The Three Keys to Unlocking an Effective Internal Communication Strategy


Note: This article focuses on internal communication strategies for your dental office. For information on running effective meetings, check out this article!

Want to know one of the most effective tools you have at your disposal to help your office run smoothly? The answer may surprise you--today, we’re talking about internal communication. 

Based on the name, it is easy to dismiss internal communication as the act of sending company updates, either by email or some sort of portal. But that is only a small piece to the puzzle. 

Consider this: a leading reason employees leave their jobs is due to a lack of communication. So, when done effectively, a strong internal communication strategy in your practice can be your biggest source of fostering culture, increasing employee engagement and decreasing turnover.  

So, how do you leverage this key component of your toolkit? Well, the biggest consideration you need to make before implementing any plan is your team’s time. The average person spends 13.4 seconds reading an email and anywhere from 31-60 minutes in meetings--and that is on top of everything else happening in your practice. That’s why it’s so important to make sure your message strikes home and is easily digestible.  

To accomplish this, the components of your internal communication strategy need to be conciseaccessible and memorable. Let’s break these down. 

Between emails, phone calls and, of course, patients, your team doesn’t have much time digest a lengthy communication before moving on to the next thing.

  • Keep it simple. Large blocks of text are more likely to get breezed over, so format your message with easy-to-read bullet points or visuals that enhance your message. If you utilize an intranet or shared space to house information, consider covering only the most crucial points in your communication and linking out to a page or document for the complete story.  
    • If meetings are your preferred way to share information, designate someone on the team to send out short and sweet follow-up notes within 24 hours of the meeting to make sure everyone is on the same page. (Note: We have an entire article on how to run effective meetings here.) 
  • Get your ducks in a row. Take the extra time to ensure your message is accurate. If you end up needing to send a follow-up communication to correct an error or include forgotten information, it is likely to cause confusion and muddle your message’s purpose.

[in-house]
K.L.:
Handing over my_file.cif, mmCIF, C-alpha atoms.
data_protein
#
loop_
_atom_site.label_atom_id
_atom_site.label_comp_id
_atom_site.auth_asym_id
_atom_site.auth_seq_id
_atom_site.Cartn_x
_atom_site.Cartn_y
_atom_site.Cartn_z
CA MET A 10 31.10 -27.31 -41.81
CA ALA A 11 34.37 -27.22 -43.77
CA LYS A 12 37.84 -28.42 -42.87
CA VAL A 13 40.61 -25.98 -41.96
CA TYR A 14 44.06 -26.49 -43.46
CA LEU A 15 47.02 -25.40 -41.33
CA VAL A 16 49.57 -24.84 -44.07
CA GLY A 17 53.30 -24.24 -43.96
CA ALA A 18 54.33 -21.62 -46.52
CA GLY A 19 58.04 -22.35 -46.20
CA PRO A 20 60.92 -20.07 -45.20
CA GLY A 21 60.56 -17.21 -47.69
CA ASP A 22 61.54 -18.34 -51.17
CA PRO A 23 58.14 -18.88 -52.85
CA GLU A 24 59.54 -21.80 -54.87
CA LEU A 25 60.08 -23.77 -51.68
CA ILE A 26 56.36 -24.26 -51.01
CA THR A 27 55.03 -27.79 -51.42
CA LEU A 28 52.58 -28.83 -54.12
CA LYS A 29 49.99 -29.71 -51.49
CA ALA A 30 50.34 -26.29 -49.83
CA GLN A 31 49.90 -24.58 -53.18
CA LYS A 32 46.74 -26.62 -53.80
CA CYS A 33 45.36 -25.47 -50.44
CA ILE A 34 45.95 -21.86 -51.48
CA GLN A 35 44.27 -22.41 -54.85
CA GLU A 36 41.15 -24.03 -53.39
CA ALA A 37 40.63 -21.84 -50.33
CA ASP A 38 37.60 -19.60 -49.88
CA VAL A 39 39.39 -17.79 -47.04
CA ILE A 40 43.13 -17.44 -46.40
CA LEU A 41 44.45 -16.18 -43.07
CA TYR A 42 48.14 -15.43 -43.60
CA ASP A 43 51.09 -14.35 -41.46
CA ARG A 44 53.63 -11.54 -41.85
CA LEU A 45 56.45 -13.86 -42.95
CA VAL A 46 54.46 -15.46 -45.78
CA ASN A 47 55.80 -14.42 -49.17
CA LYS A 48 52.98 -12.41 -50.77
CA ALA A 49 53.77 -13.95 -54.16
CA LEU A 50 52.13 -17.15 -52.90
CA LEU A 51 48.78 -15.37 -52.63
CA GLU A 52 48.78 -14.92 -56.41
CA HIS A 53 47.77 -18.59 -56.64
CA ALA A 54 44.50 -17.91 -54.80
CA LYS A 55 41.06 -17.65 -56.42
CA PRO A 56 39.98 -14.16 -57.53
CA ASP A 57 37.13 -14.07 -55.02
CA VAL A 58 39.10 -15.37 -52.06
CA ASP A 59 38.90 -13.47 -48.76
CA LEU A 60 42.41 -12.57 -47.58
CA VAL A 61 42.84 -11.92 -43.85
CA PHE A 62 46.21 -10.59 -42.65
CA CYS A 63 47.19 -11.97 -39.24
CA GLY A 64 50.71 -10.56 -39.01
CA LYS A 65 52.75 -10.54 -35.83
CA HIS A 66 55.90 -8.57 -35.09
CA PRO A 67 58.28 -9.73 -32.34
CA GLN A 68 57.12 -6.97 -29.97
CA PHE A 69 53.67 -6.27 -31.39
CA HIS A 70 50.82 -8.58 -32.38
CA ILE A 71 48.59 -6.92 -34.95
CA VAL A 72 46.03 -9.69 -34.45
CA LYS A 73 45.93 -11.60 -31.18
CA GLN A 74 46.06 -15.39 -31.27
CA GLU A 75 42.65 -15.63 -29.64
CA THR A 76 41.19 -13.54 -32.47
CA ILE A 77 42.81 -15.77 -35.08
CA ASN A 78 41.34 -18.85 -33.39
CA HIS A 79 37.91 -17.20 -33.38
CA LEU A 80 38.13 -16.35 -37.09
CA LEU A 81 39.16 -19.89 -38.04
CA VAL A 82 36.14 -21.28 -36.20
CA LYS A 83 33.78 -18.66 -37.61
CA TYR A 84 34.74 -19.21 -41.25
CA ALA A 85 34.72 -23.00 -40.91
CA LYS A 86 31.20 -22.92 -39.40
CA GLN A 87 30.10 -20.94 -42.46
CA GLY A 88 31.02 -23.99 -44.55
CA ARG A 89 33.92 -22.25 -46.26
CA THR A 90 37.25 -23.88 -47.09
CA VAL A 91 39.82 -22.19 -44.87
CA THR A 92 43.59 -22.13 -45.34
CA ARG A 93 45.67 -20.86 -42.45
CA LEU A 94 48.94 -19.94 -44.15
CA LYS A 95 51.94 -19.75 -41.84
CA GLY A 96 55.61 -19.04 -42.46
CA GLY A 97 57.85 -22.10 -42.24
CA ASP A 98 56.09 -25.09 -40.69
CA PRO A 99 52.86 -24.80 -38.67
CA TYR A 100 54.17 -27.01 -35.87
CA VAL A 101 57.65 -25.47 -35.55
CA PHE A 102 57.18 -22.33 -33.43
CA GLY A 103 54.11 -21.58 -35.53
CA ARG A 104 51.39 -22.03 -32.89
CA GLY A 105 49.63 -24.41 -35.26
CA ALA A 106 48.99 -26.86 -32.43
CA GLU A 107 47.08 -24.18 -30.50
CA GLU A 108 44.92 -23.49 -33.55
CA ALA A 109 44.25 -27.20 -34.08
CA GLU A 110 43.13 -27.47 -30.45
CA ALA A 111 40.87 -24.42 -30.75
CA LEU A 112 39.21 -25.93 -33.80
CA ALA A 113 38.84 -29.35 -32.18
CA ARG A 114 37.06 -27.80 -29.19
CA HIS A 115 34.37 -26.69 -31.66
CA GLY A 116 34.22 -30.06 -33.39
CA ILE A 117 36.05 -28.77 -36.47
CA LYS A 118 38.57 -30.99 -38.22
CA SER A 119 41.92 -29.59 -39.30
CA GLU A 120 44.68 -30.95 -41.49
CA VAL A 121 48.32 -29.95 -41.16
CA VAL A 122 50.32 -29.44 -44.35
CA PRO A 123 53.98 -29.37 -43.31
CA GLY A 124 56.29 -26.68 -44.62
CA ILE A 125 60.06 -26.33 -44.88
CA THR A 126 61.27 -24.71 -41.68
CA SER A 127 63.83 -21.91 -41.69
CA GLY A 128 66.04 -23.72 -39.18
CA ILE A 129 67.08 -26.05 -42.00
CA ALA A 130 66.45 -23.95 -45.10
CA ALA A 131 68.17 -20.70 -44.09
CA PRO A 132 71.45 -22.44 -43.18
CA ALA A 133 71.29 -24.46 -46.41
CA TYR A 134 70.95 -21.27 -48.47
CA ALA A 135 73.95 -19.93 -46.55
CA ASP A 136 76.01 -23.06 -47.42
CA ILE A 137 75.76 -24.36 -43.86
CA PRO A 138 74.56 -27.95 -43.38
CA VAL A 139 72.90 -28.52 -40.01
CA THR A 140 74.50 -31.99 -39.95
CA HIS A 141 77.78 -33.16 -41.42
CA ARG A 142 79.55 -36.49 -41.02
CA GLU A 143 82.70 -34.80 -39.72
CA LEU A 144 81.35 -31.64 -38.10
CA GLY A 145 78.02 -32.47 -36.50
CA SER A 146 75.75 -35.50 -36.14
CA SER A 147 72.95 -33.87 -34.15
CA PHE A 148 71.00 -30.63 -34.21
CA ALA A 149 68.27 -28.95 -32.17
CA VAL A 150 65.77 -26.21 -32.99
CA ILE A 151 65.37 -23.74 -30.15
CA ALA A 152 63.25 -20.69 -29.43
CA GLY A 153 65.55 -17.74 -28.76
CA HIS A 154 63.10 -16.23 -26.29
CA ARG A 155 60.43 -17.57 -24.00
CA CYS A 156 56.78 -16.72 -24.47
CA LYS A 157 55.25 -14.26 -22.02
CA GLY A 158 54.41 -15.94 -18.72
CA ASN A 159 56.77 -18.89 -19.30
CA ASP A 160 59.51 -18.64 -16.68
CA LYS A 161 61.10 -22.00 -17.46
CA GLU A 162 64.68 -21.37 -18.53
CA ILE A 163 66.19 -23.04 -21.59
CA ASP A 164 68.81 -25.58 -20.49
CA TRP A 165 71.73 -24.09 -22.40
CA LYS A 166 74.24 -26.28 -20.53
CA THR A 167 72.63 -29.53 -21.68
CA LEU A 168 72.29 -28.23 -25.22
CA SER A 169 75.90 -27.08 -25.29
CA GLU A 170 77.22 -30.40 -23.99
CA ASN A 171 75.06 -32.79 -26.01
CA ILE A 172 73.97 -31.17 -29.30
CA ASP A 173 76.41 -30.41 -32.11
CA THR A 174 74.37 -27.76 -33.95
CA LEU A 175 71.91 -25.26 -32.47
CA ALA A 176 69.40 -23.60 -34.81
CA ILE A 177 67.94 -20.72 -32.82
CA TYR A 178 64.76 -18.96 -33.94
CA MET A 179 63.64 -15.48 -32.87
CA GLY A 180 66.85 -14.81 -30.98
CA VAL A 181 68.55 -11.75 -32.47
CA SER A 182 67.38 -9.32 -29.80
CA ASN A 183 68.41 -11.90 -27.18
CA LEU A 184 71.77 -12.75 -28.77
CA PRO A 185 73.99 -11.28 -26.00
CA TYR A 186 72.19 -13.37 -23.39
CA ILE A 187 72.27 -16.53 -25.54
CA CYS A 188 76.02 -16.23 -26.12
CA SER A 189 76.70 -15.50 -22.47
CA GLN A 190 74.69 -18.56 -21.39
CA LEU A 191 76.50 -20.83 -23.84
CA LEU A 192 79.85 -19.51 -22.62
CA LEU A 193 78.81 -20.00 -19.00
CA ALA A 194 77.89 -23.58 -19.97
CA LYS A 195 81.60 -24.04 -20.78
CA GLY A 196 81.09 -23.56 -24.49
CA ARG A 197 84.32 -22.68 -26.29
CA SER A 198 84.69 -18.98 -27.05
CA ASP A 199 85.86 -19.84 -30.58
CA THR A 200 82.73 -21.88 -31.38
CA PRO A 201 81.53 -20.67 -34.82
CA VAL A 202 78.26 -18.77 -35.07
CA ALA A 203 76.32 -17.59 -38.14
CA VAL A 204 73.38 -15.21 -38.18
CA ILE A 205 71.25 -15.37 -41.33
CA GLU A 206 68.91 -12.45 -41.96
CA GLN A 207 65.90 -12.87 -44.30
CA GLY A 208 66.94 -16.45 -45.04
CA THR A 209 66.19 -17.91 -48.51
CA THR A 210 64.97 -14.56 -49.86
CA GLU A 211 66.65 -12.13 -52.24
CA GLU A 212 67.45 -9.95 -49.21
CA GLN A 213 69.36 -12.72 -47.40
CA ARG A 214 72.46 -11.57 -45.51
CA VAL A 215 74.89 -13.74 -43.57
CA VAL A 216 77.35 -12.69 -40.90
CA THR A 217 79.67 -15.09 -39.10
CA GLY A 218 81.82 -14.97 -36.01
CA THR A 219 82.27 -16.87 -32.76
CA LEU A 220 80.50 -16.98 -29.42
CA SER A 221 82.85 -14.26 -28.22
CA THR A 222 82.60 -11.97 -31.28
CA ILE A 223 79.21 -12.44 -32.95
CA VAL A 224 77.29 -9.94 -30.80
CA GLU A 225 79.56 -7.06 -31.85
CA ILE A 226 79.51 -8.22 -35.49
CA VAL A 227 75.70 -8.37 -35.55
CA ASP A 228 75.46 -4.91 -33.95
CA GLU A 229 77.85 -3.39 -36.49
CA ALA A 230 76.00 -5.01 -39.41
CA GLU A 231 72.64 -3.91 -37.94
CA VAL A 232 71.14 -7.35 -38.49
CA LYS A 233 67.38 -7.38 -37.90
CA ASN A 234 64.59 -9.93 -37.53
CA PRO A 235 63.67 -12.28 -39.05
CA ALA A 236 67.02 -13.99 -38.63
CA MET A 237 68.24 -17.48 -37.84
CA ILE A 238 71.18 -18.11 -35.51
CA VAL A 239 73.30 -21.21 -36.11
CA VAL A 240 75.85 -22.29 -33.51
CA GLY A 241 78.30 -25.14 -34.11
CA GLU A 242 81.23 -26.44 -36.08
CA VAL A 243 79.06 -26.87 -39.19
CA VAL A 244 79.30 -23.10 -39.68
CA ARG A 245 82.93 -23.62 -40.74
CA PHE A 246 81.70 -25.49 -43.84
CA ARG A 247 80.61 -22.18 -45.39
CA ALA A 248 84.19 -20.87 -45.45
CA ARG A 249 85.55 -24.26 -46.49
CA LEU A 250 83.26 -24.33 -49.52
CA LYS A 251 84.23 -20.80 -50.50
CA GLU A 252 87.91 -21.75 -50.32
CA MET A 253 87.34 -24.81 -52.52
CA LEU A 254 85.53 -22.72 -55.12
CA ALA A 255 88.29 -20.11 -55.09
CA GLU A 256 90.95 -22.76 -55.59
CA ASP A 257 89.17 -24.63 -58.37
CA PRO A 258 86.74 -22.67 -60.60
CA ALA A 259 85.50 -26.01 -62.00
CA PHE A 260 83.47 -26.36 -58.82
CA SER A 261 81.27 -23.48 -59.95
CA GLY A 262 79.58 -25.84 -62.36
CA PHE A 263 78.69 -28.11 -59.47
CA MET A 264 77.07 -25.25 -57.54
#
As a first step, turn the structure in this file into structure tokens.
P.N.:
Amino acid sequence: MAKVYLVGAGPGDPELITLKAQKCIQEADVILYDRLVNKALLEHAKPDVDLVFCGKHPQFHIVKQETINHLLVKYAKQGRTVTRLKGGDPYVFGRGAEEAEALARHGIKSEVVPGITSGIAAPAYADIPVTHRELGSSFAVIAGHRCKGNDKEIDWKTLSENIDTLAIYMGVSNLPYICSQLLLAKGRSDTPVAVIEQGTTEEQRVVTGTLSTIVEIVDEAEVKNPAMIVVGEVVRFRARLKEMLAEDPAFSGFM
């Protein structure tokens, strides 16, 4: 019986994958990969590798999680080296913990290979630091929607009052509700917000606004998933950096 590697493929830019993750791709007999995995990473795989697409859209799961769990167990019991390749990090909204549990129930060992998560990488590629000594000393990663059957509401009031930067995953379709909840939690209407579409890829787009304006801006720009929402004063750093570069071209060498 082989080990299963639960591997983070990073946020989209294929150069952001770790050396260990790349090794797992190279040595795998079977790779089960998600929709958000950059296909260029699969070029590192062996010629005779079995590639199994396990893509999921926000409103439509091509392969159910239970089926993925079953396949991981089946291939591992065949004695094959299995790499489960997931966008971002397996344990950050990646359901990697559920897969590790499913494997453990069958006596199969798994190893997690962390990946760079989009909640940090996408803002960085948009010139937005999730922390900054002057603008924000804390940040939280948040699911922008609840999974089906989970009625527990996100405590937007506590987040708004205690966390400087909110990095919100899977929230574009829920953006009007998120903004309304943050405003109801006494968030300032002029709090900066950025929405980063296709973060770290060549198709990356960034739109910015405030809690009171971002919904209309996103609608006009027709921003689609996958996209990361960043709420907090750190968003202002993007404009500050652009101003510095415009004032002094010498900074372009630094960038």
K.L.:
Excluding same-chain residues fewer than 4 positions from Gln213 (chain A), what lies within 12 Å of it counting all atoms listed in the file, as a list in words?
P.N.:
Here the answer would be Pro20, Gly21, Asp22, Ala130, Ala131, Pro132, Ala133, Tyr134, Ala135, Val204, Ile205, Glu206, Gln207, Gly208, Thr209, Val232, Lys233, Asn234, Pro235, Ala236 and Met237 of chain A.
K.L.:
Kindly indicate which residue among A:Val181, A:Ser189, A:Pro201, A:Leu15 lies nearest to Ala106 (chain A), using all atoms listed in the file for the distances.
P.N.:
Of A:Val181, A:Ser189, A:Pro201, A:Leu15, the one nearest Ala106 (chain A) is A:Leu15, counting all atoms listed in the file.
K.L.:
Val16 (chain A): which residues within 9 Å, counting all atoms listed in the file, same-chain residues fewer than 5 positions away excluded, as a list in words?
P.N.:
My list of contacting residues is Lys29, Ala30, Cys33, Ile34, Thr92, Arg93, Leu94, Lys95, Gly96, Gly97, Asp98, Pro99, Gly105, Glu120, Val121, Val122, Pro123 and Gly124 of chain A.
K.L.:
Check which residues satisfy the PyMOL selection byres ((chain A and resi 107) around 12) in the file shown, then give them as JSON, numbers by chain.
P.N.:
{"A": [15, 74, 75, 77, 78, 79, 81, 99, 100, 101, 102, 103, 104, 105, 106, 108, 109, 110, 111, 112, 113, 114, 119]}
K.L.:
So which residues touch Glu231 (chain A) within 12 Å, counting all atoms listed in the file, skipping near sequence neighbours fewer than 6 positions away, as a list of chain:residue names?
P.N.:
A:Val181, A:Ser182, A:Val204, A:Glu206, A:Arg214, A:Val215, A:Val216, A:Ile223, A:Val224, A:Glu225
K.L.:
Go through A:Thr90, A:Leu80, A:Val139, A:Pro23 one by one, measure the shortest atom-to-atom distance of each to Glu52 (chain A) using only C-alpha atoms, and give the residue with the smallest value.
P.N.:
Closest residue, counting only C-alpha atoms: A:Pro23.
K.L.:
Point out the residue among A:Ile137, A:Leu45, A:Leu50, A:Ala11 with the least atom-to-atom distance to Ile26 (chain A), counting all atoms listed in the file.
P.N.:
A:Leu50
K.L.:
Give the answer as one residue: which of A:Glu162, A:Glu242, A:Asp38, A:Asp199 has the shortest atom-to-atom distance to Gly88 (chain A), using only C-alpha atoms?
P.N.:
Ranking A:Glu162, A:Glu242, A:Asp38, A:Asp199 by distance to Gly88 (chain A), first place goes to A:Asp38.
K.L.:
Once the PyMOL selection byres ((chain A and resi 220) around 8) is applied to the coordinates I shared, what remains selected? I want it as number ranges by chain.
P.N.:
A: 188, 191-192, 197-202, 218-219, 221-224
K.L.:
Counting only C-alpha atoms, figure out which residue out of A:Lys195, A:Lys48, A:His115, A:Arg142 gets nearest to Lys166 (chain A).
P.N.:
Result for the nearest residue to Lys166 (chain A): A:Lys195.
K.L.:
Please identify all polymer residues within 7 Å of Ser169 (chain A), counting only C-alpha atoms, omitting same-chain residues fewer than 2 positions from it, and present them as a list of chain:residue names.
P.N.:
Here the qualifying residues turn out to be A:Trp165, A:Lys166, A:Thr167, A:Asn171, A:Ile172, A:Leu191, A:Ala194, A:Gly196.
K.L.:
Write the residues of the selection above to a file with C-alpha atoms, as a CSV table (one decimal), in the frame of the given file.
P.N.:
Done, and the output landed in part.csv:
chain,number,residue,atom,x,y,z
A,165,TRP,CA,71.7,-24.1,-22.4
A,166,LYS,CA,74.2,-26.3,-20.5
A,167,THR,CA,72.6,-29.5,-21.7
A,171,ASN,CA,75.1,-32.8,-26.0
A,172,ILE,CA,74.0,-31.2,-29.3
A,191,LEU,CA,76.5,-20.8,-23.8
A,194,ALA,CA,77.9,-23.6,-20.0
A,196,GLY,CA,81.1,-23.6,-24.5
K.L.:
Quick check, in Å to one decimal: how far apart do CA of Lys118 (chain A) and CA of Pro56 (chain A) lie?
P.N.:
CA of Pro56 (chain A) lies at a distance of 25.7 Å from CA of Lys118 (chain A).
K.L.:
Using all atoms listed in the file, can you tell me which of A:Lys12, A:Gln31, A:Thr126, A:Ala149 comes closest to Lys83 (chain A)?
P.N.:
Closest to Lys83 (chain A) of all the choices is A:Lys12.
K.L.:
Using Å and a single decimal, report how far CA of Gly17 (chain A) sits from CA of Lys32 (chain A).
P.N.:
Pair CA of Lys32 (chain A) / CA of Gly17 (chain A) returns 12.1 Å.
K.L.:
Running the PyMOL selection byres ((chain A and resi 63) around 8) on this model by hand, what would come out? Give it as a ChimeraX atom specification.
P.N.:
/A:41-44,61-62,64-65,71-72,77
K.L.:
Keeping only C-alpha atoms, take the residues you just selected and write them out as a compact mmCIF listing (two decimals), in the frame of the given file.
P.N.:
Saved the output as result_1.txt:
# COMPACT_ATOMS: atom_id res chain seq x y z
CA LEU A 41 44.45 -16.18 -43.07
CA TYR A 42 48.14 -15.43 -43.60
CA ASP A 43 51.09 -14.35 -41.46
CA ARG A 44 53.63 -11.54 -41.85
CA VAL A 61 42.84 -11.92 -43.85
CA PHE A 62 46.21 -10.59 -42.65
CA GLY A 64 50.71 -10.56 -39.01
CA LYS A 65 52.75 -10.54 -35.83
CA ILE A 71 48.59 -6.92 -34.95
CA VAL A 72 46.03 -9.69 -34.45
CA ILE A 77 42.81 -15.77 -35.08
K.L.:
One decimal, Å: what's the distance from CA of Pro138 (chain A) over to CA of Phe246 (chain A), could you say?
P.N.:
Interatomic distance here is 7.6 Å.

In order to effectively communicate with your team, you need to meet them where they are and make sure the information they need is dispersed in a way that is easy to access. 

  • Space out your messages. Ideally, you only want to send one communication per day, preferably between 9-10 a.m., that consolidates your messages into one easy-to-digest format. If you must send multiple communications in a day, try to space them out by at least several hours to give employees time to process information. 
  • Rethink your shared space. Intranet portals or shared drives are a common solution for housing information, but it is important to make sure the information is easy to find. Employees can spend as many as 2.5 hours a day finding the answers they need to do their jobs, so ask your team for their input on what flow of information is the most intuitive for them. 

Elevate your communications beyond “top-down” information sharing and shake up a drab template to encourage a positive cycle of communication. 

  • Engage your team. Communication isn’t a one-way street, so make sure your team is able to interact! Always offer opportunities for them to ask questions and offer suggestions with the information shared. You can also mix in surveys, contests and opportunities for teammates to share stories and photos with one another. 
  • Spice up your template. If you’re using a basic communication template, consider giving it a facelift. A simple header and consistent subject line format will help your team recognize your communications against everything else in their inbox. (Office managers will tell you—there is a LOT of other stuff in those inboxes.)

The bottom line: An internal communication plan is a key component in an effective business, but don’t just send messages without a strategy. Keep your communications concise and don’t bog them down with heavy text. Meet your teammates where they are and give them information in a way that is accessible. In addition to information, make sure your communications offer opportunities for your teammates to engage and make them feel like part of a larger whole.